InVivo Therapeutics (OTC:NVIV) hopes to hear back from the FDA within four weeks about its application to run the first human trials of its biodegradable scaffold for treating traumatic spinal cord injuries, according to CEO Frank Reynolds.
"We’ve gotten back, we think, a really positive letter from the FDA. We’ve actually answered all of the questions in it now and we’re sending it back to FDA for the scheduling of our meeting, which we expect to take place hopefully in the next four weeks," Reynolds told analysts on a conference call today. "We could have that [approval] in the next six, seven, eight months – we’ll have to see what the FDA gives us as a timeline."
It was the Cambridge, Mass.-based firm’s first live update since it took itself public with a reverse merger in October 2010. InVivo filed the investigational device exemption application in July, seeking permission from the federal watchdog agency for a 10-patient trial of the device.
The scaffold is designed to protect and support spinal tissue and prevent secondary injury, including inflammation and glial scarring, following traumatic spinal cord injury. Trial subjects would join the study within a day or so of being injured, Reynolds said today.
The proposed study would follow patients for a year after implantation with the device at centers in Boston, Washington, D.C., and Pennsylvania, he said. The subjects would then be sent to Atlanta following the implantation procedure for rehabilitation.
The study’s main endpoint is safety data, according to InVivo medical director Dr. Jonathan Slotkin, who noted that secondary endpoints include restoration of bowel and bladder function and recovery of both sensory and motor function. The aim is to provide recoverry two vertebrae below the site of injury, Reynolds added.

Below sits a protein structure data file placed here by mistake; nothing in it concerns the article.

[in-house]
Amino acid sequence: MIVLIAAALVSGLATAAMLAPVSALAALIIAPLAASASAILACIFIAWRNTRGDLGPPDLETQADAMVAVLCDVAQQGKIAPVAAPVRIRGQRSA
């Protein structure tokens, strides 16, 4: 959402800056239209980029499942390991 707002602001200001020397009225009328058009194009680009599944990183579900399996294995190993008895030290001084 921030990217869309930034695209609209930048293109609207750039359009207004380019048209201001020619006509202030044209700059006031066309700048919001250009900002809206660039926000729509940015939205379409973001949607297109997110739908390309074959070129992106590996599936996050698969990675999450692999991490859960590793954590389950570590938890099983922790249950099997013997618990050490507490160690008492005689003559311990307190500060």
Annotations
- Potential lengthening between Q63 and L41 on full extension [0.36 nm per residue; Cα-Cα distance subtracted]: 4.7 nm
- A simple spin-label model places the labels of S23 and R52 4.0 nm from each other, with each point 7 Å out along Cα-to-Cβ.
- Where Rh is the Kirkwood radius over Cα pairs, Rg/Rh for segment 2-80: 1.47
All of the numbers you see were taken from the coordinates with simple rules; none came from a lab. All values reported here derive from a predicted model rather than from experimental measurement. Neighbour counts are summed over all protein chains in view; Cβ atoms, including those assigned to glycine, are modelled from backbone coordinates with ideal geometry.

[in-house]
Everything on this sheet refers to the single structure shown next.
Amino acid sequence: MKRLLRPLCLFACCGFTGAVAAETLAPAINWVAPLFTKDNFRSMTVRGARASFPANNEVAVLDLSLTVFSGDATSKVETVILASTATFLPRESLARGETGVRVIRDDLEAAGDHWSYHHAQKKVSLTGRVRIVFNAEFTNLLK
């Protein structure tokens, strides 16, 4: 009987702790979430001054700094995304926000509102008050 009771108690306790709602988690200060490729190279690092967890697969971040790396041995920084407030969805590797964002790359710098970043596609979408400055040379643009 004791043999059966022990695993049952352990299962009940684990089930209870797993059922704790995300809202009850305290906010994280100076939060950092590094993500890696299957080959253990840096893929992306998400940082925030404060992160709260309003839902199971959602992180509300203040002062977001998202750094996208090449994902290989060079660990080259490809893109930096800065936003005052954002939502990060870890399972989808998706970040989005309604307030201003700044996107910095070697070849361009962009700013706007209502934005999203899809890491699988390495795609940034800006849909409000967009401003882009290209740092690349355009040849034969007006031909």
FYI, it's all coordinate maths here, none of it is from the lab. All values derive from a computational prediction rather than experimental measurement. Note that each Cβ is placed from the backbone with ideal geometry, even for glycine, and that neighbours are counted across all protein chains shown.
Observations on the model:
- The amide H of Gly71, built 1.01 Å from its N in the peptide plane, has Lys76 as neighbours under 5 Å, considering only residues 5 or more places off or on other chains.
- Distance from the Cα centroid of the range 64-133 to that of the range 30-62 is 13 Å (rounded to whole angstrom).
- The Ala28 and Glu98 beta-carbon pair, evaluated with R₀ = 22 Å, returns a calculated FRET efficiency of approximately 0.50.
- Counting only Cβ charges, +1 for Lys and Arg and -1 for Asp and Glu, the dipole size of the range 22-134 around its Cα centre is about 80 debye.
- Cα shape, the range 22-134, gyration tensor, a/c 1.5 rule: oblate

InVivo is also preparing data from a primate trial of the bioscaffold, he said during the call, hoping for publication in a peer-reviewed journal after this month.
"Our team is the first team ever to get a monkey to benefit after being paralyzed," Reynolds claimed. "We proved that back in 2008."
That’s significant because the jump from proving the technology in one primate to proving it in another is less daunting than the jump from technology that works in rodents and in primates, he explained.
"If you look at the animal data, it’s all very impressive stuff," Zacks Investment Research analyst Jason Napodano told MassDevice. "I believe what they say when they say the leap is between rodents and primates, but things have a tendency to work in preclinicals that don’t always work in clinical studies."
The nature of the spinal cord injury in the primate trial is significantly different than th typical traumatic spinal cord injury, Napodano added. Human spinal cord injuries are usually crushing injuries, unlike the clean, surgical incisions of the spinal cord employed in the monkey trial.
"That’s what presents the risk in the human trial. The animal data looks fantastic and will be peer-review published hopefully later this year, and you’ll see how fantastic it looks," he said. "It’s the nature of the injury that creates the additional risk."
That said, it seems that the company has set reasonable goals in its trial proposal, Napodano said.
"They don’t have to take somebody who’s completely paralyzed and get them walking for it to be a success," he said. "Even if your legs are still paralyzed, if you can operate a wheelchair with your fingertips, your life is a whole lot better than before. So far it sounds like a well-designed trial. I don’t think this will be a huge hurdle they’re going after."
Should the FDA see fit to allow the trial to begin, Reynolds said during the call, the company plans to pursue a humanitarian device exemption that would essentially designate the scaffold as an "orphan" product.
"We’re hoping to have that designation soon," he said. "It gives market exclusivity for about seven years. We’ll be able to do about 4,000 patients a year while we continue to do a larger clinical study. That would lead to a full market, open market application of the technology."